After taking out the ACR
and handling it for a few minutes the quality is obvious. The ACR has an aircraft grade aluminum upper and Magpul’s patented polymer lower. The ACR
basic model has polymer hand guards that somewhat resemble the Magpul MOE
hand guards and the enhanced model features an aluminum quad rail. Another key difference between the enhanced and basic models is the butt stock, the enhanced version comes with a fully adjustable and side folding stock whereas the basic is fixed and only has an adjustable cheek rest. The basic model’s butt stock length can be adjusted however by purchasing extensions from Magpul. Both models feature a 1913 picatinny rail that extends the whole length of the upper receiver.
The barrel that came with the basic model was a 16.5 inch, 1:9 twist and features Remington’s proprietary dry lube finish. The ability to change out the barrels on the fly is probably one of the ACR’s most noticeable features. Doing so is almost effortless, and switching out a barrel, bolt, and magazine to go from a 5.56 to a 6.8 can be done in less than 3 minutes.
sports the gas piston system which keeps the receiver cooler and cleaner. There are two conspicuously marked positions for the gas system; U and S, which stand for suppressed and unsuppressed. The gas piston system is also broken down to aid in cleaning, which by the way will need to be done quite regularly since it was the dirtiest part of the gun after firing.
The overall construction of the ACR makes it easy to believe that it is an extremely durable weapon system. There are reports out there of owners putting this gun through some serious tests to include soaking it in mud and water and picking it up and firing it with no problems.
Almost everything on the weapon system is ambidextrous. If anyone has watched Magpul’s
Art of the Tactical Carbine, you can see why this feature was heavily emphasized. Firing and reloading from the off hand is noticeably easy. With the bolt catch/release located at fire control position, it makes it easy to perform weapon malfunctions clearings from the primary or weak firing side as well as magazine changes.
Some features that can be reversed to suit a left handed shooter would be the charging handle, and some of the attachment points. The charging handle is placed at the top of the upper receiver towards the front which makes it easy to manipulate it while still keeping your firing hand at fire control. It also works as the bolt forward assist. The charging handle can be easily replaced to suit a left handed shooter by using a bullet tip to depress a latch located within the top picatinny rail above the charging handle and simply flipping the configuration. The single sling attachment point is located at the front of the butt stock and can be reversed to the other side of the weapon by removing a few screws and placing it on the other side. There are also 3 swivel sling attachment points, 1 located on both sides of the hand guards, and 1 located at the rear of the butt stock. The rear swivel sling attachment point can be reversed to the other side of the stock by removing the screw and reversing the configuration.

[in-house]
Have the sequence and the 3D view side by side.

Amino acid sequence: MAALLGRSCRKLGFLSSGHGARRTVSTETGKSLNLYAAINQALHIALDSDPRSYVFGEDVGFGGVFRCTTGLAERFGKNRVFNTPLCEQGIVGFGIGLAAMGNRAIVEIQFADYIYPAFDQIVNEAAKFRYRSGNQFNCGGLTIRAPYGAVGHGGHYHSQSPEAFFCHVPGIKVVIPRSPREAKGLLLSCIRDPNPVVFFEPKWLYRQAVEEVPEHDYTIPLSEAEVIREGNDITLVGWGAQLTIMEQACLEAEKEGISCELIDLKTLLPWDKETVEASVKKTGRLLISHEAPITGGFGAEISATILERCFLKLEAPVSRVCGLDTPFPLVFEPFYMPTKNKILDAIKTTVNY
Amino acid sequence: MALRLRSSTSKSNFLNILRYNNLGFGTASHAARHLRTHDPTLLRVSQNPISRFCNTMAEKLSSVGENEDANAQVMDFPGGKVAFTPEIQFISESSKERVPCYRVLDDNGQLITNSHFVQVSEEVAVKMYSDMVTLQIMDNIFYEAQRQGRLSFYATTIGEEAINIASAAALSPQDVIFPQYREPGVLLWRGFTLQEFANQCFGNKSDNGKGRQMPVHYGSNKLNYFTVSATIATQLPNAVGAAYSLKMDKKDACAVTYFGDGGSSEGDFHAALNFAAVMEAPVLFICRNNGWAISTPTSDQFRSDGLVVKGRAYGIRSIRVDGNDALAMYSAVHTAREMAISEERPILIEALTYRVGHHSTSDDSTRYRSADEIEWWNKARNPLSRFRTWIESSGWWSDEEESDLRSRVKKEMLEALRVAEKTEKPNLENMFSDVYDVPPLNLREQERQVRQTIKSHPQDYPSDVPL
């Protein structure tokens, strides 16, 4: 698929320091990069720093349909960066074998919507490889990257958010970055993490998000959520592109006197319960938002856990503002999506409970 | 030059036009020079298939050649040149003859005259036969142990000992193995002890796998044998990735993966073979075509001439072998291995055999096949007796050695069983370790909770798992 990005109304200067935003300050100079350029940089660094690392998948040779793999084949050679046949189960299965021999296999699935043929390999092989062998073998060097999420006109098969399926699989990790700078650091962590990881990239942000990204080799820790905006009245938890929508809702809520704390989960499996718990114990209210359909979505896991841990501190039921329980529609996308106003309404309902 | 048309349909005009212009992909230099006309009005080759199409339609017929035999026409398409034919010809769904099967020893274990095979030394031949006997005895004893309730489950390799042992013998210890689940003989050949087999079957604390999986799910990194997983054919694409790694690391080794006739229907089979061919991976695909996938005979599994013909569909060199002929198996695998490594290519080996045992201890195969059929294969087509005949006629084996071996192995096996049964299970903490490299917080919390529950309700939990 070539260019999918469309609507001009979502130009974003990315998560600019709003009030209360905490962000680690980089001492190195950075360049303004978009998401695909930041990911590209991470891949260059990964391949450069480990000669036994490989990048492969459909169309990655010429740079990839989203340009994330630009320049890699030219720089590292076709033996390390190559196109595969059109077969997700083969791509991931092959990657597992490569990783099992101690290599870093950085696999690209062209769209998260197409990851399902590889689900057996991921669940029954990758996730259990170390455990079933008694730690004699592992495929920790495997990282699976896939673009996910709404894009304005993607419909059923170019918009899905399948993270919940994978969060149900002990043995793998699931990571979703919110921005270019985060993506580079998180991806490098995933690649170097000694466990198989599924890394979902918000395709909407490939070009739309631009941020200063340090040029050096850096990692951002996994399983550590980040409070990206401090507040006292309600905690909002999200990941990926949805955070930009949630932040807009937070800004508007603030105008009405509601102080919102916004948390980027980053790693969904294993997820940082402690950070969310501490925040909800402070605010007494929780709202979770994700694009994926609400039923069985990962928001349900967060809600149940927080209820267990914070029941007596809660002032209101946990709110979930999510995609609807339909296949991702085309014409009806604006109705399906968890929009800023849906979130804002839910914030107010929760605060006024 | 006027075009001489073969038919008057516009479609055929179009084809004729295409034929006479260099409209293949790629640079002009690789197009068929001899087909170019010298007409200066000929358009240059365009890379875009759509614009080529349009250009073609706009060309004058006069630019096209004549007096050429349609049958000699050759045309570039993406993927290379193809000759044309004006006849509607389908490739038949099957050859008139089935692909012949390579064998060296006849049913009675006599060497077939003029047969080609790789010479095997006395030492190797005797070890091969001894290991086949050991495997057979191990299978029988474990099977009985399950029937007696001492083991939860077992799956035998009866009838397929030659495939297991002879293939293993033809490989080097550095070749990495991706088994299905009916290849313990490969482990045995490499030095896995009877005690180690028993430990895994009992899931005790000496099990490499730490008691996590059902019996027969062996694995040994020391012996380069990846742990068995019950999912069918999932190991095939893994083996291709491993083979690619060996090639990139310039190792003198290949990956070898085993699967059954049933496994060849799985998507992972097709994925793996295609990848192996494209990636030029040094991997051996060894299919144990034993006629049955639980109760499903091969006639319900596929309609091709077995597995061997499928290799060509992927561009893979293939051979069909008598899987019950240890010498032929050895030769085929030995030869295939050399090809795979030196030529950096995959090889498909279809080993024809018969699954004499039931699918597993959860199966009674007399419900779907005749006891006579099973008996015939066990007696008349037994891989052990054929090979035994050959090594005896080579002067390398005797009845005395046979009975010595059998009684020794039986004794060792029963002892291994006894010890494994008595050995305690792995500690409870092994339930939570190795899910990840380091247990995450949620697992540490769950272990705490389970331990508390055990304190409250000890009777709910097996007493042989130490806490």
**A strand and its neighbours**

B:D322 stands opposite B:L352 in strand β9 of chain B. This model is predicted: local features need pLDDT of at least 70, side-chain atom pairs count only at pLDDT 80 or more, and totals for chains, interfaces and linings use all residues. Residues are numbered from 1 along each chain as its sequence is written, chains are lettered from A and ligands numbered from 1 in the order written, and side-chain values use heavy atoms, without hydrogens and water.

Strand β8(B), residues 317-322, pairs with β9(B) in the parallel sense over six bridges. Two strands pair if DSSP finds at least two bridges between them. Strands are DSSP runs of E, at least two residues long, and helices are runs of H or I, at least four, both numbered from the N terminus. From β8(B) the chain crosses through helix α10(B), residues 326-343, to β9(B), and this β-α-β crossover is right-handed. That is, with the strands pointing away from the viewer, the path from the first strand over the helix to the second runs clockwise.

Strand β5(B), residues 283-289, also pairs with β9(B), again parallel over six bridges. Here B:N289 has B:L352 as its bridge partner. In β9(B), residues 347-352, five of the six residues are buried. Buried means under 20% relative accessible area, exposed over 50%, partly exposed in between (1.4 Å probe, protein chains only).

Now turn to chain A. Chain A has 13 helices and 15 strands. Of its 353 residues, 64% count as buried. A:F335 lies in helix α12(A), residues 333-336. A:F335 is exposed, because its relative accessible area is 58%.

We would have to say the ACR was pretty much everything anticipated except for the price. This is blamed on Bushmaster, since the price was originally stated as “being affordable,” and probably around the $1,500 mark for the basic model. Well, after the production delays, that price for the basic model jumped up to around $2,400 for the basic, and $3,200 for the enhanced. Its reasonably assumable that the public would be up in arms after promising us an affordable price, then hiking that price up 60%. When compared to the price of a Robinson XCR, or even a SCAR the ACR is substantially more expensive. Regardless if I believe the ACR is expensive; it is however, not unobtainable. And for the quality of construction for durability, and reliability of function for consistent performance the ACR is worth the money
Labels: ACR, Bushmaster, Magpul Masada